The closest ever pictures of one of Saturn’s innermost moons, Pan has led to a gastro-astronomical debate and comparisons to a walnut and a giant space ravioli
NASA’s spectacular Cassini mission has delivered astrophiles yet another treat as it nears the end of its 13-year orbit of Saturn.
On Tuesday, the satellite sent home the closest ever pictures of one of Saturn’s innermost moons, Pan.
The 20-mile-wide moonlet is located in a large gap within the rings of Saturn, known as the Encke gap.
The new images illustrate Pan’s unusual shape -with the bulging ring circling its rounded centre thought to be material from Saturn’s rings the moon has collected during its orbit around the planet.
Depending on your point of view – or perhaps your appetite – the moonlet resembles anything from a 1960s-style flying saucer to a walnut or even a doughy piece of ravioli.
These latest raw and unprocessed images of the tiny moon were taken on March 7th as Cassini performed a close-approach flyby at a distance of 24,572 kilometres:
Scientists first predicted Pan’s existence in the mid-1980s after NASA’s voyager 2 spacecraft discovered unusual waves at the edges of the Encke Gap.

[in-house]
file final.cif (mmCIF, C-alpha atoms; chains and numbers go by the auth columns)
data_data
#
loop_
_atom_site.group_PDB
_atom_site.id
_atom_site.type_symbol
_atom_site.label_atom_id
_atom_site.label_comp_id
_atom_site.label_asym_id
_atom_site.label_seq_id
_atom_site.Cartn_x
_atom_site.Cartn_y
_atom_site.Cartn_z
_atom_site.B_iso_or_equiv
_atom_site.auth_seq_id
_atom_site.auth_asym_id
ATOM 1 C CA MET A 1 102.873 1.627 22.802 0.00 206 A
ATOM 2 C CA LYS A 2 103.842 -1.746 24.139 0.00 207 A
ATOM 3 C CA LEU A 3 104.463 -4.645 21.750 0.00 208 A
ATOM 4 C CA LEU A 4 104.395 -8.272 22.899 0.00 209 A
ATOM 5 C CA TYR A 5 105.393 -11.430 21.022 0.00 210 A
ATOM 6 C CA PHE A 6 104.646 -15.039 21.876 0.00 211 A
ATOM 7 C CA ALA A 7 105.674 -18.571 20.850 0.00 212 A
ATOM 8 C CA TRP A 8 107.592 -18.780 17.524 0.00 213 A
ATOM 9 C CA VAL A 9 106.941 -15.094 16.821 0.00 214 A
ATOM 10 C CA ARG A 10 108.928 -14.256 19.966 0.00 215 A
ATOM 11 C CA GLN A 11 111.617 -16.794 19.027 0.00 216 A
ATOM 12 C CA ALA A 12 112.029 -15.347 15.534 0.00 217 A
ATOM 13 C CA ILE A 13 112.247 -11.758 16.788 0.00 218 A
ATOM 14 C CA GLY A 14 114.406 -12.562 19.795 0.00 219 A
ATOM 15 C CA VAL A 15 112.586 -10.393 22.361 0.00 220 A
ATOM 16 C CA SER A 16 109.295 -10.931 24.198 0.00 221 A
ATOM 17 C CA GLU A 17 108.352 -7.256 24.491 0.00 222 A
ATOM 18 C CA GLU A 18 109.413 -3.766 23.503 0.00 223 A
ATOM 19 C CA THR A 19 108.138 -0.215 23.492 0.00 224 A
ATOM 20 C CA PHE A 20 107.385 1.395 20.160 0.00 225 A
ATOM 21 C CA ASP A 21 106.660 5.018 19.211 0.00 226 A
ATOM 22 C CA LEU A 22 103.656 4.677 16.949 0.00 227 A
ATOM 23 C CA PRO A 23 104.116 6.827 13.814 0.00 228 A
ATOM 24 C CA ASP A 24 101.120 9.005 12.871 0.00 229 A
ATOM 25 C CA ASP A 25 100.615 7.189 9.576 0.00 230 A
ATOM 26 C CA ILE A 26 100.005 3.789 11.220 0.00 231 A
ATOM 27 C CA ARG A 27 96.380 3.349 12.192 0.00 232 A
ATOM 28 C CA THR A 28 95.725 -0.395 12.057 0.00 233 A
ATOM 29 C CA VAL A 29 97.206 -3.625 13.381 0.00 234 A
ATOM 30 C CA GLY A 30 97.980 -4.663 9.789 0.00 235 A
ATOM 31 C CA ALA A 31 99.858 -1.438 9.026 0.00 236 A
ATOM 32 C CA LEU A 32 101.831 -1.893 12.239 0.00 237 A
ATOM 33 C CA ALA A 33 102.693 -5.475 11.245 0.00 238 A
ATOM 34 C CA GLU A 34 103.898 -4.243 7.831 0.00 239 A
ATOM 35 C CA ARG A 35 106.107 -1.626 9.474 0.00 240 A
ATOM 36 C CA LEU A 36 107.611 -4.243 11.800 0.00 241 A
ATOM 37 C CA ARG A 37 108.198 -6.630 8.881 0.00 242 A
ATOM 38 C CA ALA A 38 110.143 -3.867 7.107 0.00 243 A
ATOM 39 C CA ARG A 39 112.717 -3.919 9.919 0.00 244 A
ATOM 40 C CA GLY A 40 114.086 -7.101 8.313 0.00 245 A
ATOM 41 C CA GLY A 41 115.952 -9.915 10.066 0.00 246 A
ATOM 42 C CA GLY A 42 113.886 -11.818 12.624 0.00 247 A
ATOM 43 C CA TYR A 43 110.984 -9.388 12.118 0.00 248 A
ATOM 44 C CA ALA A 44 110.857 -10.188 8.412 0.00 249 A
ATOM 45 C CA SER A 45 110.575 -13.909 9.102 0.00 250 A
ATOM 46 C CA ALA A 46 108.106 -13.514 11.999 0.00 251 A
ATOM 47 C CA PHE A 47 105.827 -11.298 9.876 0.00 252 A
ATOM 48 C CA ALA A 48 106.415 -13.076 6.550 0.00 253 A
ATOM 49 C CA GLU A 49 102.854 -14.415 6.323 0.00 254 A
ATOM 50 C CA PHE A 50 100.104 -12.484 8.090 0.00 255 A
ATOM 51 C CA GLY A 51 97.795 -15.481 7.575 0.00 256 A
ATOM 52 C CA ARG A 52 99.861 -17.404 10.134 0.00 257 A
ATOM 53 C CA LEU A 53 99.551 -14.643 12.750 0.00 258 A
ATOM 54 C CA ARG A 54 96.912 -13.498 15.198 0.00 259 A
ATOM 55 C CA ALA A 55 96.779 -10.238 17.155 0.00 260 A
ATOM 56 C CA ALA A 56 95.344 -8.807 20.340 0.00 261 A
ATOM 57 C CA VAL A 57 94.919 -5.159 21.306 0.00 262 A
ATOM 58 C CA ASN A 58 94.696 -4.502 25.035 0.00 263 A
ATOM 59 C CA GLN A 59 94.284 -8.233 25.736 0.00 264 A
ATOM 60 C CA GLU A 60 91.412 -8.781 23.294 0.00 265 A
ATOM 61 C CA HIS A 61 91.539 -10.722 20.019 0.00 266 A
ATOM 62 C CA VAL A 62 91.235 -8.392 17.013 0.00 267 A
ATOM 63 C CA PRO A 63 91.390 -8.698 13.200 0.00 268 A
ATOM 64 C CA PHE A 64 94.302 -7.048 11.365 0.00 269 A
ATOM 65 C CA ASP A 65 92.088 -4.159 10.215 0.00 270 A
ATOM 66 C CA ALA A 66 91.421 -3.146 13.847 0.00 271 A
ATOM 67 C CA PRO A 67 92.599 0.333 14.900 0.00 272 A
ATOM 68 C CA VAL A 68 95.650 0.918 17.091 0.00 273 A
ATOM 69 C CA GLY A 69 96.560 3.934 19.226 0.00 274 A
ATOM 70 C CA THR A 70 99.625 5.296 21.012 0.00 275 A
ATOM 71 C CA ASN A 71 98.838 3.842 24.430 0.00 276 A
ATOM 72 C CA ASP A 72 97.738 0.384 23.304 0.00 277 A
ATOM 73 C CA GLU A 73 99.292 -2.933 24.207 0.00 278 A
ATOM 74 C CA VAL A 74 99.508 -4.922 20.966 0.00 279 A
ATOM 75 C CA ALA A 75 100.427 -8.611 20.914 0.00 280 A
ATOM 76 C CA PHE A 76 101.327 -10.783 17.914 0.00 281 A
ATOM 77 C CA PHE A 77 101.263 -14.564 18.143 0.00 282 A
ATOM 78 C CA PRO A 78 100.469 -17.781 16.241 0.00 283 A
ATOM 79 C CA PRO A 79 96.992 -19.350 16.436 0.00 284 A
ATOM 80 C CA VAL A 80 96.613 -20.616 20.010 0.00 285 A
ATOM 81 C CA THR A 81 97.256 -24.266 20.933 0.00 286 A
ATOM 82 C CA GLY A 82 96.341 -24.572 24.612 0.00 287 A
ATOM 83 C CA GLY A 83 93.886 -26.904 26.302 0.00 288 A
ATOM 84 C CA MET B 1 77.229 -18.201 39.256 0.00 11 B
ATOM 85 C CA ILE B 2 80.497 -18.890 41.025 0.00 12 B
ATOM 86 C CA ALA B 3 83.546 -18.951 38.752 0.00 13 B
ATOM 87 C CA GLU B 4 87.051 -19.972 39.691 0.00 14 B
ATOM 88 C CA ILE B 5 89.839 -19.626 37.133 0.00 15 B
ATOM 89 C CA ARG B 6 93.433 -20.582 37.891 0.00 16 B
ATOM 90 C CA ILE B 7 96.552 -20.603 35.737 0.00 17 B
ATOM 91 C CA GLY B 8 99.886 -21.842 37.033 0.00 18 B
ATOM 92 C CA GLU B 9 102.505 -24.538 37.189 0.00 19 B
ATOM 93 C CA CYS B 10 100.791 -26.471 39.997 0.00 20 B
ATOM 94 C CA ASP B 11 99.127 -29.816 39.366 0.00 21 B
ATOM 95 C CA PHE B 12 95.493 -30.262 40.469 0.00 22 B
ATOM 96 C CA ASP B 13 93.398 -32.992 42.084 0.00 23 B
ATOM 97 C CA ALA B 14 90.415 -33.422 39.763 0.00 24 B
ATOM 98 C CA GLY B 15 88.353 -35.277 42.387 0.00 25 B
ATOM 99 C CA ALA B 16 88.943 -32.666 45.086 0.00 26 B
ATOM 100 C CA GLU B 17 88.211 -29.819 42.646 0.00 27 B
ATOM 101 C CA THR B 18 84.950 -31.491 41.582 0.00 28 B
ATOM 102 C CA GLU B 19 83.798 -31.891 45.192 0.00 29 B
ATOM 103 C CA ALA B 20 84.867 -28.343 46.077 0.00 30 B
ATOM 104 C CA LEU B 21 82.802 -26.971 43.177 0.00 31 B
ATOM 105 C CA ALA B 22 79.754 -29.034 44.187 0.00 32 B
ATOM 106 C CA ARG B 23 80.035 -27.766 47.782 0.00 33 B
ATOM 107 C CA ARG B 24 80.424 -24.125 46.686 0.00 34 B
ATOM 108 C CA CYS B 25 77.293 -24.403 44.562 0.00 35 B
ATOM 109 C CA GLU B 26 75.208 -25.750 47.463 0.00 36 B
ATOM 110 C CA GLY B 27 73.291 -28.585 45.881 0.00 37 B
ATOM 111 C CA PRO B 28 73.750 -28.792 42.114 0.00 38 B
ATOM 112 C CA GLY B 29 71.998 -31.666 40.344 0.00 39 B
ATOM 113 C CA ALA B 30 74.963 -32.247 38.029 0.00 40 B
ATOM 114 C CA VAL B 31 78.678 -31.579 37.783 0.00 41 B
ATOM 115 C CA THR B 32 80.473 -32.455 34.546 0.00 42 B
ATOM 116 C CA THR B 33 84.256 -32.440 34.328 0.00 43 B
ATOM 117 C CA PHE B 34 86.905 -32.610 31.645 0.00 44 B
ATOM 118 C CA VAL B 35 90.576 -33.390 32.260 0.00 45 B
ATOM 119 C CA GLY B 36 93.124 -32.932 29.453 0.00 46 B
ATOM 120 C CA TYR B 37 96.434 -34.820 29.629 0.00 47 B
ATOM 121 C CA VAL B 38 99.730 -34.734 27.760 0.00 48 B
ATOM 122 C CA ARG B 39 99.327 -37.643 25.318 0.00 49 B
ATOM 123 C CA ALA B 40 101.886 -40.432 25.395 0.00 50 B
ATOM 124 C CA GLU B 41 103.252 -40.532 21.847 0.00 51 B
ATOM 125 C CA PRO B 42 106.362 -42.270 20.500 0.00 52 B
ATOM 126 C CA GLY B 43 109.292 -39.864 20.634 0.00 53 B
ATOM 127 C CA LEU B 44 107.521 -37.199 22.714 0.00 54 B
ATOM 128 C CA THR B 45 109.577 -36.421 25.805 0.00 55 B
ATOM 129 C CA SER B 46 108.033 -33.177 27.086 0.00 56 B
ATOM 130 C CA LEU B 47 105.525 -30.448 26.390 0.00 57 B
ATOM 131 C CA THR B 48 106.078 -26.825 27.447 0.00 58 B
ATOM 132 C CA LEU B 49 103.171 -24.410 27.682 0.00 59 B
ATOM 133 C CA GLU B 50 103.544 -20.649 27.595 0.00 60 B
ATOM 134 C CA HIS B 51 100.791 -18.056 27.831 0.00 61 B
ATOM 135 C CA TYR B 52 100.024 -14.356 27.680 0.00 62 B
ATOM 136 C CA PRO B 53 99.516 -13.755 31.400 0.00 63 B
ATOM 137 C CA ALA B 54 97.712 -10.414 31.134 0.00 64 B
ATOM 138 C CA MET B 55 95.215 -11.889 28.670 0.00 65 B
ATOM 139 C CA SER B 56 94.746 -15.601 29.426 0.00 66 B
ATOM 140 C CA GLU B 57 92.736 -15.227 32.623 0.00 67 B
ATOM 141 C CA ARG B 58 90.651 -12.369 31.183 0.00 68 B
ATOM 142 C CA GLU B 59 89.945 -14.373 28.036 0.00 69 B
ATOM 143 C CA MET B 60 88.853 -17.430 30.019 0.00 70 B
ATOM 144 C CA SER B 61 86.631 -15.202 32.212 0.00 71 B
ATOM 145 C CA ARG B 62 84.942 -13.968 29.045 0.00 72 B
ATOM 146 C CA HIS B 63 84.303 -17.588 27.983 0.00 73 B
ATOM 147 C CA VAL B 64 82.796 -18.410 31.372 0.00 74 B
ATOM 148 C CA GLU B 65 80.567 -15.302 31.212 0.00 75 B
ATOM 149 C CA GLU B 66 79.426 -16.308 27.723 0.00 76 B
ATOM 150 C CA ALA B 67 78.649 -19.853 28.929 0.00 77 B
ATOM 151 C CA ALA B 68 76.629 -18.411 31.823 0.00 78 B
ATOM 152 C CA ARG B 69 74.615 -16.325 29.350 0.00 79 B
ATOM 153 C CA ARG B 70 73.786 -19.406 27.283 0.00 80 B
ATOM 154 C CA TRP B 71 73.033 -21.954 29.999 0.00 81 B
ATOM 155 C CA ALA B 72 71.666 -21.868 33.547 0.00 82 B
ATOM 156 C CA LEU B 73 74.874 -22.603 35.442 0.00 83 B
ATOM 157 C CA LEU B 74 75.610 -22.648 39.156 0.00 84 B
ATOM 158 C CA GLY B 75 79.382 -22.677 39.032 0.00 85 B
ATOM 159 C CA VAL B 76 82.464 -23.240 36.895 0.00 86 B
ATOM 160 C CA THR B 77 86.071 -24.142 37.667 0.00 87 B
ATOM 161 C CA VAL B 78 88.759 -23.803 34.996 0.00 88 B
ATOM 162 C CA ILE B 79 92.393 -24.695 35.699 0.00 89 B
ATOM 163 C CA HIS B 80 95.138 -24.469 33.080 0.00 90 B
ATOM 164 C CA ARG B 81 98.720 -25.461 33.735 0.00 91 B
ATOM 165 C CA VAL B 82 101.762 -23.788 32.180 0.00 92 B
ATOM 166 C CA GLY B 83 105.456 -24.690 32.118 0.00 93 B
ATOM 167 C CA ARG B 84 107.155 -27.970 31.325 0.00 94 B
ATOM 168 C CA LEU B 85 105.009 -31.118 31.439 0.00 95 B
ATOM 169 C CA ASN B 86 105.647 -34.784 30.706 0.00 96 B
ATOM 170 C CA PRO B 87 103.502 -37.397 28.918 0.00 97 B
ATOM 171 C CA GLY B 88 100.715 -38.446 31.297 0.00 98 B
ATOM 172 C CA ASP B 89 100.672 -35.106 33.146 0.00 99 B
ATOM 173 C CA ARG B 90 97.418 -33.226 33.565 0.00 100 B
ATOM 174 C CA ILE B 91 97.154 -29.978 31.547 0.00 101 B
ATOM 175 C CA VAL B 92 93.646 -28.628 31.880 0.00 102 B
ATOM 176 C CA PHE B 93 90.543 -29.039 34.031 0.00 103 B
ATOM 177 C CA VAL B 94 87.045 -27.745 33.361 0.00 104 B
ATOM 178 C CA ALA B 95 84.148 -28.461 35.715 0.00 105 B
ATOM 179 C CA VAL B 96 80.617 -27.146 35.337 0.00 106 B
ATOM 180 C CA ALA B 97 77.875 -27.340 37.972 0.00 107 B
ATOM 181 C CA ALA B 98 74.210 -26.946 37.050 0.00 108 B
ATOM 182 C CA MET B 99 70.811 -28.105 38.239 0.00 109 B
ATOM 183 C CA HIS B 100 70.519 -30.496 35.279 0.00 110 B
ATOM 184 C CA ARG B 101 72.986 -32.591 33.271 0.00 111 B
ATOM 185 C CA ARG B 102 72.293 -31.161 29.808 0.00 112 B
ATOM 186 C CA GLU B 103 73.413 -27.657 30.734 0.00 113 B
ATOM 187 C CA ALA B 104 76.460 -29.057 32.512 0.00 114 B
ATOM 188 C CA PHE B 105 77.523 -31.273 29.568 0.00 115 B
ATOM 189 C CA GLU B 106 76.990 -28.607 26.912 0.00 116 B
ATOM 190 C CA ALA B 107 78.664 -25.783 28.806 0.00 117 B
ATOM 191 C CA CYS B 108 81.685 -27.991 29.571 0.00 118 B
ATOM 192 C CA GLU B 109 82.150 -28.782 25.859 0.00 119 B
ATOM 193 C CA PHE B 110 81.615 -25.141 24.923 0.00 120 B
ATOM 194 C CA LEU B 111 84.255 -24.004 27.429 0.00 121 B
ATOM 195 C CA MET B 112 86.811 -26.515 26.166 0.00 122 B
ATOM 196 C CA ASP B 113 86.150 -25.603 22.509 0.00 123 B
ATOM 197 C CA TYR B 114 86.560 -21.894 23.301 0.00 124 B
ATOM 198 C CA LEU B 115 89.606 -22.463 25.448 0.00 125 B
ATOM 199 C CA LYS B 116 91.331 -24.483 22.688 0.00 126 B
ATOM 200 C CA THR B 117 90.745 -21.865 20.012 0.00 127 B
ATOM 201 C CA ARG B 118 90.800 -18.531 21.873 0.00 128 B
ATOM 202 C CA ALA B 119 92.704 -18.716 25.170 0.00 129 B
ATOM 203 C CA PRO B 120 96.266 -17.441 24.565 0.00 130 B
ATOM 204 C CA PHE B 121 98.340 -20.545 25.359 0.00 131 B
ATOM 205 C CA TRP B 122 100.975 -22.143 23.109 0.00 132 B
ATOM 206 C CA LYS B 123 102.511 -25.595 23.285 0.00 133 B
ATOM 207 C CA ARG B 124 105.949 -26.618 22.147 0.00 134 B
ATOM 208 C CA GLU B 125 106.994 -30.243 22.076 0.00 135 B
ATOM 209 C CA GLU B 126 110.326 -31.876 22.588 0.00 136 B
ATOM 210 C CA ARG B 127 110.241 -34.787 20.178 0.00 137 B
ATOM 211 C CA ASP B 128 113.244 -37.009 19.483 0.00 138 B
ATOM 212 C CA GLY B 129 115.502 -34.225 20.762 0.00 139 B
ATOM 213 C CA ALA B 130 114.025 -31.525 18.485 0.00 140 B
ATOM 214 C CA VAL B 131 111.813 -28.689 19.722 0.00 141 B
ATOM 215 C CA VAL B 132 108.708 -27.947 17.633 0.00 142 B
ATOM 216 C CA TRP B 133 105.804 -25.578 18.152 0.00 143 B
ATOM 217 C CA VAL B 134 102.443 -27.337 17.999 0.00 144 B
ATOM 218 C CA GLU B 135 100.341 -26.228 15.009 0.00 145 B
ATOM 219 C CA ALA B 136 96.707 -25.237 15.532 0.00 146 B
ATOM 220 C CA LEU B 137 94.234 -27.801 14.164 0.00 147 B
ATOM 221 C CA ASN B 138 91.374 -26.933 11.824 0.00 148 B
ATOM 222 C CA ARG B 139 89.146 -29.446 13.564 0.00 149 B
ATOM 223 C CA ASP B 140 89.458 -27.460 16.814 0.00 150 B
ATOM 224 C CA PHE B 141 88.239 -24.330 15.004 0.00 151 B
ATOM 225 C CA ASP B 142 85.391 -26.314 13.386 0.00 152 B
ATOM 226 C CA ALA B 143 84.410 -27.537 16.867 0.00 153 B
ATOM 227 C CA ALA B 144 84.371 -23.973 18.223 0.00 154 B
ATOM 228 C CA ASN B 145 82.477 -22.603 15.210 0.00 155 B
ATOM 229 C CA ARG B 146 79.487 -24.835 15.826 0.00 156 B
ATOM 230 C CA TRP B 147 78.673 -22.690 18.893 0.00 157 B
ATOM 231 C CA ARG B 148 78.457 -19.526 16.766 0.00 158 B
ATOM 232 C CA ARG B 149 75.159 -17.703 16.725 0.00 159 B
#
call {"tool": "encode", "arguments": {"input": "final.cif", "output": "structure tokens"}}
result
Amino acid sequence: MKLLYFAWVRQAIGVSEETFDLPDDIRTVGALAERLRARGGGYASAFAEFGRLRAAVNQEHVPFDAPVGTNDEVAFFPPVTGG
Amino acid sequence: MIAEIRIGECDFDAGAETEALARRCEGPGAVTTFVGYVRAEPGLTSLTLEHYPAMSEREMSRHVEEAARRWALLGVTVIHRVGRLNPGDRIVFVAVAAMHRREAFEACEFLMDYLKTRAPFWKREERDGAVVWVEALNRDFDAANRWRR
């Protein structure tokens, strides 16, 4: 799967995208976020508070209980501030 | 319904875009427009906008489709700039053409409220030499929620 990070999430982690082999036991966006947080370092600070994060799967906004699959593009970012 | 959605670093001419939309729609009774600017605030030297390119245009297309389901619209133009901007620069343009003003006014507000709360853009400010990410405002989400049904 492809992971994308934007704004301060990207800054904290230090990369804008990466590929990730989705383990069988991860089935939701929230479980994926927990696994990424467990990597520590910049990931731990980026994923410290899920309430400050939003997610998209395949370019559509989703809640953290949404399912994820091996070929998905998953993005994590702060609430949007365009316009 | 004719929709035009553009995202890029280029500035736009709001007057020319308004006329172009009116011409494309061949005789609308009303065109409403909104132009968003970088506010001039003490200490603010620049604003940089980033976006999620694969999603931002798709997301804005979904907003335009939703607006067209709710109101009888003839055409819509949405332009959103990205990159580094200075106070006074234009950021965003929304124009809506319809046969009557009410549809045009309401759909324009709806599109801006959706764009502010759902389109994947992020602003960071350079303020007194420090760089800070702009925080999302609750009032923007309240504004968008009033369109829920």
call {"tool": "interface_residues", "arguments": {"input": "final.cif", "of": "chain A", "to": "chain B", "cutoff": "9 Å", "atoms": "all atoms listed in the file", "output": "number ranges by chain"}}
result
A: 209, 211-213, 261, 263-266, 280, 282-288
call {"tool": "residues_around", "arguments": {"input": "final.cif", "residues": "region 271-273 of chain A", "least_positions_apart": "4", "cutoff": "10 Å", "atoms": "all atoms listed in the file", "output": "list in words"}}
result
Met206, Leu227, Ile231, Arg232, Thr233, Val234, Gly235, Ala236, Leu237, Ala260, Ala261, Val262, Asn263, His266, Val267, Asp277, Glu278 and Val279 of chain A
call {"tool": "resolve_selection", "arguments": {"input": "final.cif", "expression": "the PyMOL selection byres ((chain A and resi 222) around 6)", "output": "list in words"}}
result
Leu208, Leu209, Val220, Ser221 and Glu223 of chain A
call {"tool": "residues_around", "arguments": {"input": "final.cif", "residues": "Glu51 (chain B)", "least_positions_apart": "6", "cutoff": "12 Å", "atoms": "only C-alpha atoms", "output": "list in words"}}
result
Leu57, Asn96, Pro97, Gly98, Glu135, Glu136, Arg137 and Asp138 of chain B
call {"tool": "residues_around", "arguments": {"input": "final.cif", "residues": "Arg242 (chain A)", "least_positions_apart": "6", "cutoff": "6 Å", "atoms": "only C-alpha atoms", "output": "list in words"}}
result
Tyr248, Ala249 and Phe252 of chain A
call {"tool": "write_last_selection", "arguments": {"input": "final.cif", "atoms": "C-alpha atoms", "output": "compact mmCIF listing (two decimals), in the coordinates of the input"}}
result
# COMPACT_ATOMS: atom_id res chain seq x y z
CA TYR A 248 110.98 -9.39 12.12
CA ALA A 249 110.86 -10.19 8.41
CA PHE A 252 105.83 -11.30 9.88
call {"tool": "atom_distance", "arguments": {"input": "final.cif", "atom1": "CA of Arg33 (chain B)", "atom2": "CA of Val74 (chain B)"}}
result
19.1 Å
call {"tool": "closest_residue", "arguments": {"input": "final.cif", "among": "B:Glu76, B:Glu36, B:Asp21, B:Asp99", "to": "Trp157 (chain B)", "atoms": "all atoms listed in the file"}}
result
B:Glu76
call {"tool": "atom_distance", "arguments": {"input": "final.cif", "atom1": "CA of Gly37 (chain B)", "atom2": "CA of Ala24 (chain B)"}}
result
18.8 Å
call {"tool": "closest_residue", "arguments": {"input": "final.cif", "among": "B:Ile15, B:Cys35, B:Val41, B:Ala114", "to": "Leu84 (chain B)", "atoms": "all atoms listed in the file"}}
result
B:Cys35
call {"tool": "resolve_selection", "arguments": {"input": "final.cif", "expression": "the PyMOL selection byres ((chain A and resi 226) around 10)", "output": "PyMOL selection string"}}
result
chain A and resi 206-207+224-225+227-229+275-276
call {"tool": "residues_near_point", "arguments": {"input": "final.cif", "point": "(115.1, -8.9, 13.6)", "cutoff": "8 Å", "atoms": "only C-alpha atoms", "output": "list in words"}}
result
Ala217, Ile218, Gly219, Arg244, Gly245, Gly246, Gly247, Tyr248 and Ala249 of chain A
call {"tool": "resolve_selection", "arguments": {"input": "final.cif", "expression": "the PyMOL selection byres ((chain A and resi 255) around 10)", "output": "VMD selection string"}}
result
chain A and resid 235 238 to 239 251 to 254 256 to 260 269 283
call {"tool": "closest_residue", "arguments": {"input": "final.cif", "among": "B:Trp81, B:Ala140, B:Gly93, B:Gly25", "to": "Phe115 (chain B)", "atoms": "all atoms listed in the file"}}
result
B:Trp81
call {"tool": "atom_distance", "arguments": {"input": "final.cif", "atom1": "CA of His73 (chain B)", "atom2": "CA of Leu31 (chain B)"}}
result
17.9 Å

The waves only appeared intermittently – leading researchers to suspect some sort of large rock or moonlet was disrupting the orbital flow of the icy rings.
Pan was eventually discovered by astronomer Mark Showalter in 1990 amongst images snapped by Voyager 2.
The Cassini mission – a cooperative project between NASA, the European Space Agency (ESA) and the Italian Space Agency – has delivered some incredible findings during its 13-year orbit.
In 2005, the spacecraft deployed its Huygens lander – a tiny probe that detached and parachuted through the cloud tops of Titan, Saturn’s largest moon, analysing the atmosphere all the way and eventually delivering the first-ever images from the moon’s freezing surface.
Perhaps its most exciting discovery however was the icy geysers of liquid water bursting from the southern pole of the moon Enceladus.
Scientists believe there is an ocean of tidally heated liquid water beneath the surface of Enceladus, making it a prime target in the search for extra-terrestrial life.
In September, the spacecraft will plunge into Saturn’s upper atmosphere, delivering its final images before it disintegrates on its final descent.